Sunday, 28 December 2014

Will Archaeologists Break Forced Silence?

Heritage Action, ever hopeful that 'bonkers isn't forever' write of "Metal detecting: New Year new hope?" (HJ 28/12/2014)
 In parts of the US 90% of Native American archaeological sites have been vandalised. The Government is trying to stop it. In parts of Britain more than 90% of archaeological sites have been metal detected. The government isn’t trying to stop it. You might think they and British archaeologists don’t care, but they do. It’s just that having bottled out of legislating and set up a voluntary system that has largely failed there’s not a lot of appetite for acknowledging the reality. But silence shouldn’t be taken as acquiescence. Most archaeologists do want the activity legally regulated. [...] over the past few years the mood music has definitely been changing. Dare we hope that 2015 will be the year when a lot of archaeologists come clean and openly declare that the Emperor has no clothes and that the activity needs to be legally regulated?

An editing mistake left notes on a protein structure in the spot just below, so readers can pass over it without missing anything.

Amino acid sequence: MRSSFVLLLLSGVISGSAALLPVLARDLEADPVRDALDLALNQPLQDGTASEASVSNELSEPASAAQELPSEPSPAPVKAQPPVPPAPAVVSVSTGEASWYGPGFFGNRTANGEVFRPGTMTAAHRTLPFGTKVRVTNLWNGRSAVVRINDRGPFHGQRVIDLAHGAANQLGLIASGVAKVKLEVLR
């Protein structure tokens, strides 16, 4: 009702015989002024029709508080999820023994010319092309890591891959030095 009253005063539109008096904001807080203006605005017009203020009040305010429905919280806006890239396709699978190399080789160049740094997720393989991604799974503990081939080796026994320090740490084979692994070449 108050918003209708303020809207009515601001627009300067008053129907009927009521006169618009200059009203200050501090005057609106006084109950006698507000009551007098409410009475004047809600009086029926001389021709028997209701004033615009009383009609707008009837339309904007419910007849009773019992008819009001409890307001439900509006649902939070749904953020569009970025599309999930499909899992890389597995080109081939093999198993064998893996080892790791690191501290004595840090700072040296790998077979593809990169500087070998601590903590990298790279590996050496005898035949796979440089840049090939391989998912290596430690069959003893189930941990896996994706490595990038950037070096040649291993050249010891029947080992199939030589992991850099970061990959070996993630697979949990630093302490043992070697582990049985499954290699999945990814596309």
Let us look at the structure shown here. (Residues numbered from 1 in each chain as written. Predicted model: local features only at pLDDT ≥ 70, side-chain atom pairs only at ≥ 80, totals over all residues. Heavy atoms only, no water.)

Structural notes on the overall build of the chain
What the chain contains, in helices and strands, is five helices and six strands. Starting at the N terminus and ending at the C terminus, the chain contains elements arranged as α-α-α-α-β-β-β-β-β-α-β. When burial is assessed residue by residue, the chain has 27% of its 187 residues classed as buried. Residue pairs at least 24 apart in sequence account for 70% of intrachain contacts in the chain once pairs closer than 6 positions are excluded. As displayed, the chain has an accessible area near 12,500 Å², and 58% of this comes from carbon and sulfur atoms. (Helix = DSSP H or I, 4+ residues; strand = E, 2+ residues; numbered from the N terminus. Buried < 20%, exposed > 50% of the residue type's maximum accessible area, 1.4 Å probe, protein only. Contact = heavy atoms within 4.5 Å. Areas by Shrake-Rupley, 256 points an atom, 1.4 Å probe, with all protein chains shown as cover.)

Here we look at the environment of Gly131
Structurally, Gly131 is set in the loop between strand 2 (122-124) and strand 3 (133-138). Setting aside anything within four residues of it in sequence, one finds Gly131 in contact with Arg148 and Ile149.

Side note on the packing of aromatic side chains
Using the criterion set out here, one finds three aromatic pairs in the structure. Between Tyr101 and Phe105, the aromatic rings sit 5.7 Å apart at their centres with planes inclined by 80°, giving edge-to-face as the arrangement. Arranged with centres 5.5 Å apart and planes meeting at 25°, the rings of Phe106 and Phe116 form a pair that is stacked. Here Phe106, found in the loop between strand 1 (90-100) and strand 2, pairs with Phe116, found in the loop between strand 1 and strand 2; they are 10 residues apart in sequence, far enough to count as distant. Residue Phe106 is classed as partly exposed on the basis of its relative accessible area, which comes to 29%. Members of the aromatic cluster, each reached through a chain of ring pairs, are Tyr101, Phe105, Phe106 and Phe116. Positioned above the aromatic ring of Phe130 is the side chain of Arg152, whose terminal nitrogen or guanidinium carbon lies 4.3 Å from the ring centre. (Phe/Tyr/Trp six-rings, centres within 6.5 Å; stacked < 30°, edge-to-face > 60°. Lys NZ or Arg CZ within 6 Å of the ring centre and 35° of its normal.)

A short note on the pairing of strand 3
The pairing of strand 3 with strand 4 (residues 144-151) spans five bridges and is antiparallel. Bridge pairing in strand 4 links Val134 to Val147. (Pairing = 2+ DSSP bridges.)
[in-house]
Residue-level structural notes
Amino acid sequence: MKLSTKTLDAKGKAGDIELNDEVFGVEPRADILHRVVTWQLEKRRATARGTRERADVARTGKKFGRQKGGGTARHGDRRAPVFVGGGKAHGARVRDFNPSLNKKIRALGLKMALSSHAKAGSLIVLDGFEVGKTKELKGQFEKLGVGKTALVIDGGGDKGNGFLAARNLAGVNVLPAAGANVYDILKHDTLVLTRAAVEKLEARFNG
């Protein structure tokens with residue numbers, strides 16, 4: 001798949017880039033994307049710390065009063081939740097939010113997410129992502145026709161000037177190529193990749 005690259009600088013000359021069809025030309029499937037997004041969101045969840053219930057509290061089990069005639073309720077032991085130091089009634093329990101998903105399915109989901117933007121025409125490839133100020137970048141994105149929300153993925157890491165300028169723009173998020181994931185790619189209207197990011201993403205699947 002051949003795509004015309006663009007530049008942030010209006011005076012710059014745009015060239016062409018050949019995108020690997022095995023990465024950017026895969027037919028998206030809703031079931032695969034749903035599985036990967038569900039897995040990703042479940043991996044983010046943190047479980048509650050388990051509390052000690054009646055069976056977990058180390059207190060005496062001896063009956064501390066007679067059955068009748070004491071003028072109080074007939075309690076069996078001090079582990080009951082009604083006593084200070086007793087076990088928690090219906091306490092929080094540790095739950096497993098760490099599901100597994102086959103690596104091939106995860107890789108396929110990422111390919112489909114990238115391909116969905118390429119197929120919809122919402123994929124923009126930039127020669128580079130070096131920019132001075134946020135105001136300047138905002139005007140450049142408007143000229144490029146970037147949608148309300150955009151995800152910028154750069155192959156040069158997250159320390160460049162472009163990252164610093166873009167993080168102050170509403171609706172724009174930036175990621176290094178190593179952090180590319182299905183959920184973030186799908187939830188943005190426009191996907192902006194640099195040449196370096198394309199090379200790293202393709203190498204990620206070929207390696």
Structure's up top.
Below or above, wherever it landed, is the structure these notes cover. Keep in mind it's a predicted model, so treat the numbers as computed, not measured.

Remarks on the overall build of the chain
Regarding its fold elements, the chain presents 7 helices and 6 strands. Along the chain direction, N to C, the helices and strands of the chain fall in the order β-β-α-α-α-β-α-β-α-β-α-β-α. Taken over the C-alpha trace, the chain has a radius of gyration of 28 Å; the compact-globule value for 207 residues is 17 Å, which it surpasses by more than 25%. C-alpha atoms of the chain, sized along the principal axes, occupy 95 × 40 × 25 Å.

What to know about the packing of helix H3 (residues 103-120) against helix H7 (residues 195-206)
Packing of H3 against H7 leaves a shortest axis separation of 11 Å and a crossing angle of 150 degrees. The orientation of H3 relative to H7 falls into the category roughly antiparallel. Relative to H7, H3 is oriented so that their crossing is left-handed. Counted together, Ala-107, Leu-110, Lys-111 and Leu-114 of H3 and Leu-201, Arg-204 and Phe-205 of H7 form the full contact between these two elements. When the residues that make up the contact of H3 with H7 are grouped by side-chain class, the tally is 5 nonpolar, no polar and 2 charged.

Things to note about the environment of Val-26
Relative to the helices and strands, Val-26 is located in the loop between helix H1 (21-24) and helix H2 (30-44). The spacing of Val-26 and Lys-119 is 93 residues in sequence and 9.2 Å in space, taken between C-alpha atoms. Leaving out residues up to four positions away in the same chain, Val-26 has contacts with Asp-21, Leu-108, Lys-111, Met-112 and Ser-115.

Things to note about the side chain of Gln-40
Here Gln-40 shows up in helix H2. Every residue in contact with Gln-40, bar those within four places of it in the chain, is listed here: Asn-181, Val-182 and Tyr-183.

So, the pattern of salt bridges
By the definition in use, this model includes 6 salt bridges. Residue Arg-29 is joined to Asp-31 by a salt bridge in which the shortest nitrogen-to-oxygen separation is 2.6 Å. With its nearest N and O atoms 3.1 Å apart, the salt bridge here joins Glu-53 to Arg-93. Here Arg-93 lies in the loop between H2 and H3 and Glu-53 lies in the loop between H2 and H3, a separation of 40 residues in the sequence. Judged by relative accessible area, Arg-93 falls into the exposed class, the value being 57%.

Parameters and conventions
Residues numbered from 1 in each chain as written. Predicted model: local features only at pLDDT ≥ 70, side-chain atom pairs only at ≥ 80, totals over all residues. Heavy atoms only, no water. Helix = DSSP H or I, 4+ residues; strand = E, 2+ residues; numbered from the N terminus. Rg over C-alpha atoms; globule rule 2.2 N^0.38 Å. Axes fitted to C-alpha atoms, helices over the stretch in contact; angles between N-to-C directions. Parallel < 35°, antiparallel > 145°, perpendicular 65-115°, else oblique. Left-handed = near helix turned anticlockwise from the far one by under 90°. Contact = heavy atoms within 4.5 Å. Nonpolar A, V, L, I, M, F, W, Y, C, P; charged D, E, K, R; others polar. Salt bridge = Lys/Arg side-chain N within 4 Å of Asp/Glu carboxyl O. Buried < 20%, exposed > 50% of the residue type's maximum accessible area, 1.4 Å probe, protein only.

There has been some discussion among archaeologists of several examples of hoard-hoiking where greed has got the better of ethics, following on from the Crosby Garrett helmet fiasco, the Hollingbourne ('A20') grave trashing, the 'Dunelme hoard' hoik of September and now the Lenborough Hoard  The author quotes an archaeology professor that has come out and said what many are privately thinking about artefact hunting and its effects and asks:
Will 2015 reveal lots of archaeologists and academics willing to echo his words? Or will it take another five or ten years?

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